Unless Congress passes a continuing resolution, this week non-essential federal spending will dry up on Friday at midnight, and the U.S. government will shut down. Disagreements over DACA and other immigration priorities continue to divide the Congress, and the potential shutdown is being used as leverage. But how would a government shutdown affect Texas and Texans, and what essential services are exempted?
Alex Samuels, a community reporter for the Texas Tribune, says anything related to national security or public safety counts as an essential service and would continue to operate in the event of a shutdown. That includes the Department of Justice, National Security Agency, and other entities focusing on those areas.
“A lot of times, they’re already equipped with funding for if the government shuts down,” Samuels says.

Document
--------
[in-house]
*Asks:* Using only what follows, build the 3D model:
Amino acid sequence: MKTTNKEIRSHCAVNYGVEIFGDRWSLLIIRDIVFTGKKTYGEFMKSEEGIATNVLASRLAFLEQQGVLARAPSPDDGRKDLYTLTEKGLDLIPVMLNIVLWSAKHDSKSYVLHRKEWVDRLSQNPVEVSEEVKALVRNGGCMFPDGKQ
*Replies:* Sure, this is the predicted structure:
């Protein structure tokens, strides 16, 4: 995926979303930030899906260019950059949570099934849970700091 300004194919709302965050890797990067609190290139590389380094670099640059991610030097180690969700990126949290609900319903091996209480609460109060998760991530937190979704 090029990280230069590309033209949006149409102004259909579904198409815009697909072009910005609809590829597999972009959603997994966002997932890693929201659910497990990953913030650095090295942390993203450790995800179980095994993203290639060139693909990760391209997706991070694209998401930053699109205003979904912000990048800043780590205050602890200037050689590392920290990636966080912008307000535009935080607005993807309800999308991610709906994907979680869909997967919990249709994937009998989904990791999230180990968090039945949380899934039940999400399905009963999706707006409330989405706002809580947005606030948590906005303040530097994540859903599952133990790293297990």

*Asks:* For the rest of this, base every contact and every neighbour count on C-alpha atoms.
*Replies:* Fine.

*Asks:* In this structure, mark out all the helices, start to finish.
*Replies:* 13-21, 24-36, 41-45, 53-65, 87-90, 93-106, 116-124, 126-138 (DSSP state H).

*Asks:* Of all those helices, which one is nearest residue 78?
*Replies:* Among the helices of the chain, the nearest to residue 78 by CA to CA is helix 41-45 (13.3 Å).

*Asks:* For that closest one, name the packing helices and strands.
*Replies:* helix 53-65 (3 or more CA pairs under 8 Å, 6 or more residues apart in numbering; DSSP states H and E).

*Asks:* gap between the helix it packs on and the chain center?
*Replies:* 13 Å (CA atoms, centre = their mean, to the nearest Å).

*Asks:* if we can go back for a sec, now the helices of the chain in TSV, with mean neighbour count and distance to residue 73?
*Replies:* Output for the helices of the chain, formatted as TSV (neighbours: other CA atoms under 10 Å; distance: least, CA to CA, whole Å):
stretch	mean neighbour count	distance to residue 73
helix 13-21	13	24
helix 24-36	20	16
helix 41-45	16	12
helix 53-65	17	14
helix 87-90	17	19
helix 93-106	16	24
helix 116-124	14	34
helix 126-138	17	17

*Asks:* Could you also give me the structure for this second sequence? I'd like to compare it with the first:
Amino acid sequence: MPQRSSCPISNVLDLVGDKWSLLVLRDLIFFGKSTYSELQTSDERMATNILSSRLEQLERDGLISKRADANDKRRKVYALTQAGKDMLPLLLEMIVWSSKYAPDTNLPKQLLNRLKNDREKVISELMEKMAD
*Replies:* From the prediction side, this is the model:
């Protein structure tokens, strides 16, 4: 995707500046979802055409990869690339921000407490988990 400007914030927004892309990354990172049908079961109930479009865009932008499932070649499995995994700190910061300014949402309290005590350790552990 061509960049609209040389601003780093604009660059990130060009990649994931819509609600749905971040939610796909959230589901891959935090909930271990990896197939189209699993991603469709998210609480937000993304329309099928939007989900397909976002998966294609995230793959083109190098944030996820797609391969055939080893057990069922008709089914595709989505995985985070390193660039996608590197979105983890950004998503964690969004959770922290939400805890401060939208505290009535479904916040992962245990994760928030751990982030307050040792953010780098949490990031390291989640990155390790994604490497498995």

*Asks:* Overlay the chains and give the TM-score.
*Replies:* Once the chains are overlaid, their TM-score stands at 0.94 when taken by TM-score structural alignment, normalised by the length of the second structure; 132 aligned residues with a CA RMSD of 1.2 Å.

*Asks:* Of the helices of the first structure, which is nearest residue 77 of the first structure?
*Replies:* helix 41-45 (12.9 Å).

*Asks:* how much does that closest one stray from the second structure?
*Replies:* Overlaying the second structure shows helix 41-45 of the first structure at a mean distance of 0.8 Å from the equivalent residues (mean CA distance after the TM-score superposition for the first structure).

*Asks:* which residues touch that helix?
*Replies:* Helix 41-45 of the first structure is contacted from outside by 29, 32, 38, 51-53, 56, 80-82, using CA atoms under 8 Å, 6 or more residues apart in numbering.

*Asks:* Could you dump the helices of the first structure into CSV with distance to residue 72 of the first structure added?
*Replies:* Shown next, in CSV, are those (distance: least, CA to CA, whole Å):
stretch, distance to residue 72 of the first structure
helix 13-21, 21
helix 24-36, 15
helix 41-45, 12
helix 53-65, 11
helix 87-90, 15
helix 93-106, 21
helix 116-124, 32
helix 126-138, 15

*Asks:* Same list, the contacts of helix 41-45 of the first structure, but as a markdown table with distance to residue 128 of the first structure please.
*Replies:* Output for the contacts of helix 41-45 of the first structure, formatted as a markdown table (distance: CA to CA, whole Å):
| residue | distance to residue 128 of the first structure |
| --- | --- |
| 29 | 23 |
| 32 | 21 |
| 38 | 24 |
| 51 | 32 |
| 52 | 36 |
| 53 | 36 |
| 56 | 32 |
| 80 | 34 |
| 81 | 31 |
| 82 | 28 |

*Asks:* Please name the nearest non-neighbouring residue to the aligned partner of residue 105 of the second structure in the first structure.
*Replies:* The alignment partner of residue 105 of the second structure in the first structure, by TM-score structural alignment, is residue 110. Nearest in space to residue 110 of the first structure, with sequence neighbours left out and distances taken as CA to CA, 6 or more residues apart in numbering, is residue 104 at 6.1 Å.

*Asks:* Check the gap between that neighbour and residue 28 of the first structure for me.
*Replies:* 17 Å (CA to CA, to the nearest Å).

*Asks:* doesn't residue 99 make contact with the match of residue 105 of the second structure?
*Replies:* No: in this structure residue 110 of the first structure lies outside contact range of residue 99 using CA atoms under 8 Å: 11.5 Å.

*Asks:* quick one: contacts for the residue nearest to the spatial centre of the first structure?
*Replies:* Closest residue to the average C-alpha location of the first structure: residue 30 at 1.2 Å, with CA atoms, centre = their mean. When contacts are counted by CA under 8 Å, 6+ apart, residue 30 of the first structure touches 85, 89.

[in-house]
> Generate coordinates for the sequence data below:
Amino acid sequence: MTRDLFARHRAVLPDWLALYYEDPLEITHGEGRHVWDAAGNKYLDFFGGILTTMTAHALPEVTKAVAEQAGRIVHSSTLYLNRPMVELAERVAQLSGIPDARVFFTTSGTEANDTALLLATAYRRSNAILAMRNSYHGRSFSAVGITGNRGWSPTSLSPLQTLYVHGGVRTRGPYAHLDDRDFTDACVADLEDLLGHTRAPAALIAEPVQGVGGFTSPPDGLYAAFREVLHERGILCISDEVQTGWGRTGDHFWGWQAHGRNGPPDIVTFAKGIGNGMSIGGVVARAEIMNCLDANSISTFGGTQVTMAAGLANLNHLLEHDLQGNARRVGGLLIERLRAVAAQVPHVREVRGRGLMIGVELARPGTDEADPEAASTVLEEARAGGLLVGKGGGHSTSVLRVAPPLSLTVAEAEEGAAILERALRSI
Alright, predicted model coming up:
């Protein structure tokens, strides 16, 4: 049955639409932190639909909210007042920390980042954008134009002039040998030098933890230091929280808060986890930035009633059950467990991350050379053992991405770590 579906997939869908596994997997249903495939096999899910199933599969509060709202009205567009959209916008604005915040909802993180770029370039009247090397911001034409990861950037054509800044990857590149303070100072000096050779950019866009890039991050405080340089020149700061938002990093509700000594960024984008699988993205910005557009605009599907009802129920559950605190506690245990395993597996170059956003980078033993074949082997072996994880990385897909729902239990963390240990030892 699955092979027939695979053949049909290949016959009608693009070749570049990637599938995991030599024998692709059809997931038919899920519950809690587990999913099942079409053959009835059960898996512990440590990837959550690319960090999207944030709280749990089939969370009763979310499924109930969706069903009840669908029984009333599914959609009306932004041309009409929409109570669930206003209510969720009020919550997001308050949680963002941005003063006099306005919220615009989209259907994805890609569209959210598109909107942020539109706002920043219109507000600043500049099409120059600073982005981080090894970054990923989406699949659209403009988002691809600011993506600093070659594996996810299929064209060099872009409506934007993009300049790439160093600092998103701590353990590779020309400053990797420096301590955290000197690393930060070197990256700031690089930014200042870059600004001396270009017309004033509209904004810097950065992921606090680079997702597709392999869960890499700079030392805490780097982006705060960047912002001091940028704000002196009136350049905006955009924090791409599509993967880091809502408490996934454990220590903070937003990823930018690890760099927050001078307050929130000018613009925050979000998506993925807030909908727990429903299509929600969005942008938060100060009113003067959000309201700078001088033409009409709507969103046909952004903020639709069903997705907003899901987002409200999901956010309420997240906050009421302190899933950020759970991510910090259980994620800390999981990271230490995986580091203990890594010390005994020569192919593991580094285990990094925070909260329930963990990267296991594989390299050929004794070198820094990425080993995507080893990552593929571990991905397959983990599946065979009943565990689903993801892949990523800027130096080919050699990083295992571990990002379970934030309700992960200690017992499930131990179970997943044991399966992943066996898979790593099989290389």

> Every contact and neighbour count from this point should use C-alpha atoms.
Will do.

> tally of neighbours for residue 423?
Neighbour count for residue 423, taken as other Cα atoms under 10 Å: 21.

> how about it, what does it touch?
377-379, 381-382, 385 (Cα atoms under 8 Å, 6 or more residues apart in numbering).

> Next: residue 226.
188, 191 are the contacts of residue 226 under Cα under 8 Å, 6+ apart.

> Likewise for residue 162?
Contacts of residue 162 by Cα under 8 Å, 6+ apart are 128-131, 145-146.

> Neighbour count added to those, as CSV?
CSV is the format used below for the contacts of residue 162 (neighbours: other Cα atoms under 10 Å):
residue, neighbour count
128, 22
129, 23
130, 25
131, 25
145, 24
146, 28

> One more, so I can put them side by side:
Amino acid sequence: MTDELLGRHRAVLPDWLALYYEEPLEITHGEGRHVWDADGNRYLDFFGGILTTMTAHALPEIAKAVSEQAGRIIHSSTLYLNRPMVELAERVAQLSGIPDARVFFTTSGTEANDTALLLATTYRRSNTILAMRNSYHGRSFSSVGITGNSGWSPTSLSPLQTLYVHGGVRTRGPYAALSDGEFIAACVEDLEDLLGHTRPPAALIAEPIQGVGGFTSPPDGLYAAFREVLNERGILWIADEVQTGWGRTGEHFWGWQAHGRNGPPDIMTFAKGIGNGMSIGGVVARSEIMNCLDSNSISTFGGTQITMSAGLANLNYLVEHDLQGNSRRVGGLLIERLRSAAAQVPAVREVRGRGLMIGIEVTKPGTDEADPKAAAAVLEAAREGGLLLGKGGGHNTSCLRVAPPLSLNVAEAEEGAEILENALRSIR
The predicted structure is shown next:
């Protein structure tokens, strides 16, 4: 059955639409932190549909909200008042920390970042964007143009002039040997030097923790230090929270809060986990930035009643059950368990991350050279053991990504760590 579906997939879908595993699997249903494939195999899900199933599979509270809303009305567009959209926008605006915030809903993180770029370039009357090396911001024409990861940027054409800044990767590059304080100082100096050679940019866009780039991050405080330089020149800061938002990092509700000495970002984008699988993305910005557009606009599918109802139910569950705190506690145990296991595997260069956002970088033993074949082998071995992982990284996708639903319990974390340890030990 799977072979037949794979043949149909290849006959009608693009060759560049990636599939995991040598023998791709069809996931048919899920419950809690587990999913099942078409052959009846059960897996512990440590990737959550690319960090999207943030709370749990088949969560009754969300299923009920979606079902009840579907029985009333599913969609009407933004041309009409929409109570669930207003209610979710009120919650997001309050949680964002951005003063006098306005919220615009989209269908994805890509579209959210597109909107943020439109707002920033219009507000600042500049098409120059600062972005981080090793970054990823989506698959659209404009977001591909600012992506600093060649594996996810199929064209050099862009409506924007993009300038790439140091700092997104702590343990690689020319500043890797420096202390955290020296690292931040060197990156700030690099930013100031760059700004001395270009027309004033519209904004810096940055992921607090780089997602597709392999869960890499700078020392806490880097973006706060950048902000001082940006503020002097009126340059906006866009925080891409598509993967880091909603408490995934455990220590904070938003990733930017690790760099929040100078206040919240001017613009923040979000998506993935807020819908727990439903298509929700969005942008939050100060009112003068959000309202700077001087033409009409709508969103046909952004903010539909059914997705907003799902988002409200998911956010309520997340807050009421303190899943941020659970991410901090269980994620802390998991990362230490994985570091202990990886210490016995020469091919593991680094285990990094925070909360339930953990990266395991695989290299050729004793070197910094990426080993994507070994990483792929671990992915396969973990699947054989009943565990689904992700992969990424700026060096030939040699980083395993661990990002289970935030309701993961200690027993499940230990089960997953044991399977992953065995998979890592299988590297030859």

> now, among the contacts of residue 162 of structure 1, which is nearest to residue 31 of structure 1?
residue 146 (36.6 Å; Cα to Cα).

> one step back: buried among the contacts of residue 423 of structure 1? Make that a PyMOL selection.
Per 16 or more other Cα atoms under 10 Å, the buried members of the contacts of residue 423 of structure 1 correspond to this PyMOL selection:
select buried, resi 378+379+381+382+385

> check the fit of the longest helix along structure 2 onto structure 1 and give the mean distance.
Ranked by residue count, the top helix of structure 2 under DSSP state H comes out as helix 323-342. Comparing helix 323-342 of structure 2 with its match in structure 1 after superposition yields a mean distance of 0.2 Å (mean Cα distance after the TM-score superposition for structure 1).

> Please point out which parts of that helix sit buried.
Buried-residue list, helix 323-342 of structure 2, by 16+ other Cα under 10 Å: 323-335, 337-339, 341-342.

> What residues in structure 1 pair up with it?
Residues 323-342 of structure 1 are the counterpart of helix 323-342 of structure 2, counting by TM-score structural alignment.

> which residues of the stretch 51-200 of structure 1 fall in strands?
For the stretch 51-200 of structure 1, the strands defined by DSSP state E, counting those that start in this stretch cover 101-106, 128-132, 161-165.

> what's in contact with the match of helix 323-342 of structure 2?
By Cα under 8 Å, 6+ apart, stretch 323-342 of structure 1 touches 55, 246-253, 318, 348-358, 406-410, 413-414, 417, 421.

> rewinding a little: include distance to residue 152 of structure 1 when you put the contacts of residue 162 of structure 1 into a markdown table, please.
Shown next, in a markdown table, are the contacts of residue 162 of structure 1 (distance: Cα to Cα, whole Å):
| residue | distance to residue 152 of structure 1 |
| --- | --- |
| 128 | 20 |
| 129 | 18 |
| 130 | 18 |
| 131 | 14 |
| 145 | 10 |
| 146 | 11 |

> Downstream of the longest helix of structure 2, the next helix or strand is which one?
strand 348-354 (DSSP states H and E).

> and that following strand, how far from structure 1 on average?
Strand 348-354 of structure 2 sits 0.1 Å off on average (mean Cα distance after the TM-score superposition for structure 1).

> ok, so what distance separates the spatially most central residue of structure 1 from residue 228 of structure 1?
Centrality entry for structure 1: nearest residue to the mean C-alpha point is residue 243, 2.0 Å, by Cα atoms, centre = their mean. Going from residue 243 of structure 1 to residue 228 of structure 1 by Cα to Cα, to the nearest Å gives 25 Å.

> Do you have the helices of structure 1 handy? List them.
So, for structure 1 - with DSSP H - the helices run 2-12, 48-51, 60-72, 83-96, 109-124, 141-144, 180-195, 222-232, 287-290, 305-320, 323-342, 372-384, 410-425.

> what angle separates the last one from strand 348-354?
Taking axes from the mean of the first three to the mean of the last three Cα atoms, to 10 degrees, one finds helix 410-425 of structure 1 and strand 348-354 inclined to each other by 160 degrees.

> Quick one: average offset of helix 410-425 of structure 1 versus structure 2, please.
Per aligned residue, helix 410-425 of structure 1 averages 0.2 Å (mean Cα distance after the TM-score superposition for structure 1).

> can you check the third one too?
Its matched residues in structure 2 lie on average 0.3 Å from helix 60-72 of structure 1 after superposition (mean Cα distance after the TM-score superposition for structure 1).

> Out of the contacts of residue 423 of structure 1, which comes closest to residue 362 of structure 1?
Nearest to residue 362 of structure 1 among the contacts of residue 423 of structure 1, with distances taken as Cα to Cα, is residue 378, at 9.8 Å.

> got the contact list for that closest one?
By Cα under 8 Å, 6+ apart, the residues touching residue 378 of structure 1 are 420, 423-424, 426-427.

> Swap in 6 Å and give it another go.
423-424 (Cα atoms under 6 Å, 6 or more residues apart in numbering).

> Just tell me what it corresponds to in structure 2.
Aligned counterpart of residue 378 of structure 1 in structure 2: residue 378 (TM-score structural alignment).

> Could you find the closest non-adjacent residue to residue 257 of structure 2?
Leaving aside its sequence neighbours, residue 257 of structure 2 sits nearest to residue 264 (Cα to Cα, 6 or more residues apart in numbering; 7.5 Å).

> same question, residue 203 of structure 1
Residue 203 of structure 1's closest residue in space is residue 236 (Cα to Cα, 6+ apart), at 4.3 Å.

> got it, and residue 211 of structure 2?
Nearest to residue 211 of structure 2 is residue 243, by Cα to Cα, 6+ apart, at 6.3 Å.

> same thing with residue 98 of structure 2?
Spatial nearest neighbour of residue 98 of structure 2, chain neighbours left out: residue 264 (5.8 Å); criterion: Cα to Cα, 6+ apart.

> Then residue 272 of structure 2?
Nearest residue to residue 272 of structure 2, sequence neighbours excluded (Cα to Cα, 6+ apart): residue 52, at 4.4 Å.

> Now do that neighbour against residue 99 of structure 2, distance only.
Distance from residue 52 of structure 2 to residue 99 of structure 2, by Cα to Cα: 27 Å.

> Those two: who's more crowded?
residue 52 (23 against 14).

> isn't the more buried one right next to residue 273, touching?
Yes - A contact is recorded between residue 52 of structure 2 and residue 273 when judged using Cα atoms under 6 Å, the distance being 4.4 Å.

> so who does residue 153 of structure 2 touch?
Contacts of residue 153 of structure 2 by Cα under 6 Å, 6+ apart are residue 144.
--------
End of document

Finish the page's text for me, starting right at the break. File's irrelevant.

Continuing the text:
On the non-essential list are museums, parks and federal offices not related to security and safety, including those in Texas. They would close for the duration of a shutdown. About 200,000 non-essential federal workers are based in Texas. That’s among the highest number of federal employees in the nation. Austin has a large IRS facility and there are ten national parks and historical sites that would be affected. NASA facilities in Houston would close, too.
Samuels says the federal E-verify program, which business owners use to check the immigration status of prospective employees, would also likely shut down.
While Social Security recipients and other entitlement beneficiaries will get their checks, new applications won’t be processed during a shutdown.
Written by Shelly Brisbin.